[whatwg] The src-N proposal
yoav at yoav.ws
Mon Nov 18 23:49:13 PST 2013
On Tue, Nov 19, 2013 at 5:53 AM, Bruno Racineux <bruno at hexanet.net> wrote:
> On 11/18/13 8:21 PM, "Ilya Grigorik" <igrigorik at gmail.com> wrote:
> > On Mon, Nov 18, 2013 at 8:13 PM, Bruno Racineux <bruno at hexanet.net>
> >> Because these (only 0.2% uzing gzip) stats do not look good at all in
> >> support of your theoretical argument:
> >> http://trends.builtwith.com/Server/GZIP-Module
> > That measures "mod_gzip" adoption.
> > HTTP Archive tracks top 300K (Alexa) sites, and the actual number has
> > hovering ~70-75% for a long time:
> > http://httparchive.org/trends.php#perCompressed
> > </aside>
> I suspected I was missing something.
> Though httparchive stats are "number of compressed responses over the
> website coverage. Correct?
My personal experience tells me that the number of "gzipped HTML" is most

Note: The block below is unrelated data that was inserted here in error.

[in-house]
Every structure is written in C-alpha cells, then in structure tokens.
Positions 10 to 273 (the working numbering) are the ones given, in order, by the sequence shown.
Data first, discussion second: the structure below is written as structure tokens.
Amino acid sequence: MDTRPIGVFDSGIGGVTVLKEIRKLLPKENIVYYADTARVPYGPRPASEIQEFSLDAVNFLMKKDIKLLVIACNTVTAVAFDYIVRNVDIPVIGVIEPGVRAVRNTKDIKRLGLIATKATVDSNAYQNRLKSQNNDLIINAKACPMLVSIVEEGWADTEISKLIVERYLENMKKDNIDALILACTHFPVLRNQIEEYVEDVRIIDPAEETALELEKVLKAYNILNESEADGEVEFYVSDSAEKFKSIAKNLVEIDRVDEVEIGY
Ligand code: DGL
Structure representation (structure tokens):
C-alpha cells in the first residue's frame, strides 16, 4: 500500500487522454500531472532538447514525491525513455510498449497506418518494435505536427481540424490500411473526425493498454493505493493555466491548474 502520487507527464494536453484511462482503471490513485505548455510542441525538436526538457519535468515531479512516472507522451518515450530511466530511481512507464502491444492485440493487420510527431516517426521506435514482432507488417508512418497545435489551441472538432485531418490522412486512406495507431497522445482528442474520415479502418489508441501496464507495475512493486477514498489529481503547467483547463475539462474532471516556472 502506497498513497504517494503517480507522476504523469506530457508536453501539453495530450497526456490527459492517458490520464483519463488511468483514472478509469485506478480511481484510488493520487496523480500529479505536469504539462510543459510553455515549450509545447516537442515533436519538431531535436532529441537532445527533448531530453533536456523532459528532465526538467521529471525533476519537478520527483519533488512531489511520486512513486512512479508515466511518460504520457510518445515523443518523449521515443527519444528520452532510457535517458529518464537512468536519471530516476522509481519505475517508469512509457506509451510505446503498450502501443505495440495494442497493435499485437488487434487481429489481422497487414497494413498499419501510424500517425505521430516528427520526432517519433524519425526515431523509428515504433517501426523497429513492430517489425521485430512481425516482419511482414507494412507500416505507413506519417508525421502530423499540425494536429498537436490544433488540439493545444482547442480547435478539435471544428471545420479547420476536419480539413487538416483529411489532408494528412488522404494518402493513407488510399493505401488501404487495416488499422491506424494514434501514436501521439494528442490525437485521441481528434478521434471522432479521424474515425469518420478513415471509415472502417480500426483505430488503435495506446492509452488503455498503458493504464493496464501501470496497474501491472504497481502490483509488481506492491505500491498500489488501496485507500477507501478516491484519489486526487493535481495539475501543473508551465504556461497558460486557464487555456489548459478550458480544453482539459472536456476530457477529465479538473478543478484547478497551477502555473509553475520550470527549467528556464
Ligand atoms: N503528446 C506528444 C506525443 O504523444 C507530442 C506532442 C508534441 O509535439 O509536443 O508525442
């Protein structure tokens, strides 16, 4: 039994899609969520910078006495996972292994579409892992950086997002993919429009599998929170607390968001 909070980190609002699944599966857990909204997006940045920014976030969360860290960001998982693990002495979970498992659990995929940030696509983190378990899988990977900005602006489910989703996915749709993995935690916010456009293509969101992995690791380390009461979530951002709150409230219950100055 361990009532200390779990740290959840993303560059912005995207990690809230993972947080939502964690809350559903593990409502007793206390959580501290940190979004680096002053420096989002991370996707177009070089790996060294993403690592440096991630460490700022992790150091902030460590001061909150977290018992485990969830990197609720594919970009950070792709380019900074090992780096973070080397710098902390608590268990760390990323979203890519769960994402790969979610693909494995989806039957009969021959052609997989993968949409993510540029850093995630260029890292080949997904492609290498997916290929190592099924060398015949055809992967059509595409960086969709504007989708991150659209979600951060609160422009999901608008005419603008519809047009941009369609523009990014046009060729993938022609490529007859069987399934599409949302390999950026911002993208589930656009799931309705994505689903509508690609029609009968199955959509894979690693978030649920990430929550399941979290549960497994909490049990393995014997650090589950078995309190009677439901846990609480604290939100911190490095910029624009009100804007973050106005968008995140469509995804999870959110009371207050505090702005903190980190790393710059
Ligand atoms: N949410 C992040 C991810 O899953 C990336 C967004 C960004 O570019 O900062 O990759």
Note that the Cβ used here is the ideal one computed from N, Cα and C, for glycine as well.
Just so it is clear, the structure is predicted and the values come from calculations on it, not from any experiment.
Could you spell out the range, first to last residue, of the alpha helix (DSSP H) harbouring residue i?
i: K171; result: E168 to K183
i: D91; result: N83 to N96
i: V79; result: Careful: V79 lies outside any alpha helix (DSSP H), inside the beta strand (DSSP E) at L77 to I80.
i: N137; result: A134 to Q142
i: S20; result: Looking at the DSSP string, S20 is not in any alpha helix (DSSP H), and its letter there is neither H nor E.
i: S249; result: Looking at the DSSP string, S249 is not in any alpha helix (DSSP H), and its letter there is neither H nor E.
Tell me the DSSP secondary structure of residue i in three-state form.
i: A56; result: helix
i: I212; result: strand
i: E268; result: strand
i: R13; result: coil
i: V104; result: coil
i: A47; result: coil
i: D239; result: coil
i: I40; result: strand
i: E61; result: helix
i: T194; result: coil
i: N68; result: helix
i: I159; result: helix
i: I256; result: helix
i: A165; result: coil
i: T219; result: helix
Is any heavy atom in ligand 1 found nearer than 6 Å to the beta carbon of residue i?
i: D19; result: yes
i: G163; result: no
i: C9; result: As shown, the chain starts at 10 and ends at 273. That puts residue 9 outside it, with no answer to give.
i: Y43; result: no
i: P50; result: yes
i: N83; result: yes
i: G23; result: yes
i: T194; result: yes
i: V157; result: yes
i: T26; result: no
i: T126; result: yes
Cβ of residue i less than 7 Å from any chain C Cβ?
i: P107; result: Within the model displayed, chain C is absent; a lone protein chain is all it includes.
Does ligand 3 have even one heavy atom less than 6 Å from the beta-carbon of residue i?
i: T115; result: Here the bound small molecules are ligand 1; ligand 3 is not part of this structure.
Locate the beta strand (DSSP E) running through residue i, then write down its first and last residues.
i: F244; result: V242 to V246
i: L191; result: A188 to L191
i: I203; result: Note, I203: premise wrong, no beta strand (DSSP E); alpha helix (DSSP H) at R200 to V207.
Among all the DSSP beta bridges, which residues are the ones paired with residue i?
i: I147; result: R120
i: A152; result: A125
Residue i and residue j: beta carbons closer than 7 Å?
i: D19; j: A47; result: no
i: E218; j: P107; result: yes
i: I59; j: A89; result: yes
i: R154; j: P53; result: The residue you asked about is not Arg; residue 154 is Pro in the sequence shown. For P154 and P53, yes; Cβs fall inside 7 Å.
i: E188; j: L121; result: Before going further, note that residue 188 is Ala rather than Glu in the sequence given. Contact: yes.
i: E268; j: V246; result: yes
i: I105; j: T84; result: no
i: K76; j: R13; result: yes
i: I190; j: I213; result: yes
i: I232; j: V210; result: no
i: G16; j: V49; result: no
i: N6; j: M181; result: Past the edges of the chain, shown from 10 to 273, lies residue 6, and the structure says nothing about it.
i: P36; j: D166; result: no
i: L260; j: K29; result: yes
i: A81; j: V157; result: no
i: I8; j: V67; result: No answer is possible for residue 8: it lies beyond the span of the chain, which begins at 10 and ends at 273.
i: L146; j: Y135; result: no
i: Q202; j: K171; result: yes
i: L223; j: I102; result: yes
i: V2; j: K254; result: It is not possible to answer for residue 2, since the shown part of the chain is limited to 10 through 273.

probably higher, since most of the non-gzipped text resources I see are JS
& CSS. Besides, if authors are not gzipping their HTML, DRYing the URLs
will be like putting a band-aid on a major carotid artery trauma. (i.e. not
very helpful, even if it makes you feel like you "did something")
In any case, since URL DRYing does not solve any of the use-cases and
doesn't bring any new functionality, this is a tangent concern that IMO
would be best tackled later on, once we'd have actual data on the usage
patterns, and we'd be able to estimate how important DRYing the URLs really
is. (No need to wait for author complaints, as we can crawl sites and look
If you'd like to further discuss that concern, can you please open up a new
thread? This one discusses solutions to the responsive images problem
use-cases (e.g. src-N, picture, srcset, etc)
> I assumed the mod_gzip sits looks at the: 'Content-Encoding:gzip ' header.
> Or what else could it look at?
> Wouldn't this mean that low end site not in the top 300K on Alexa have a
> much higher non-gzipped rate?
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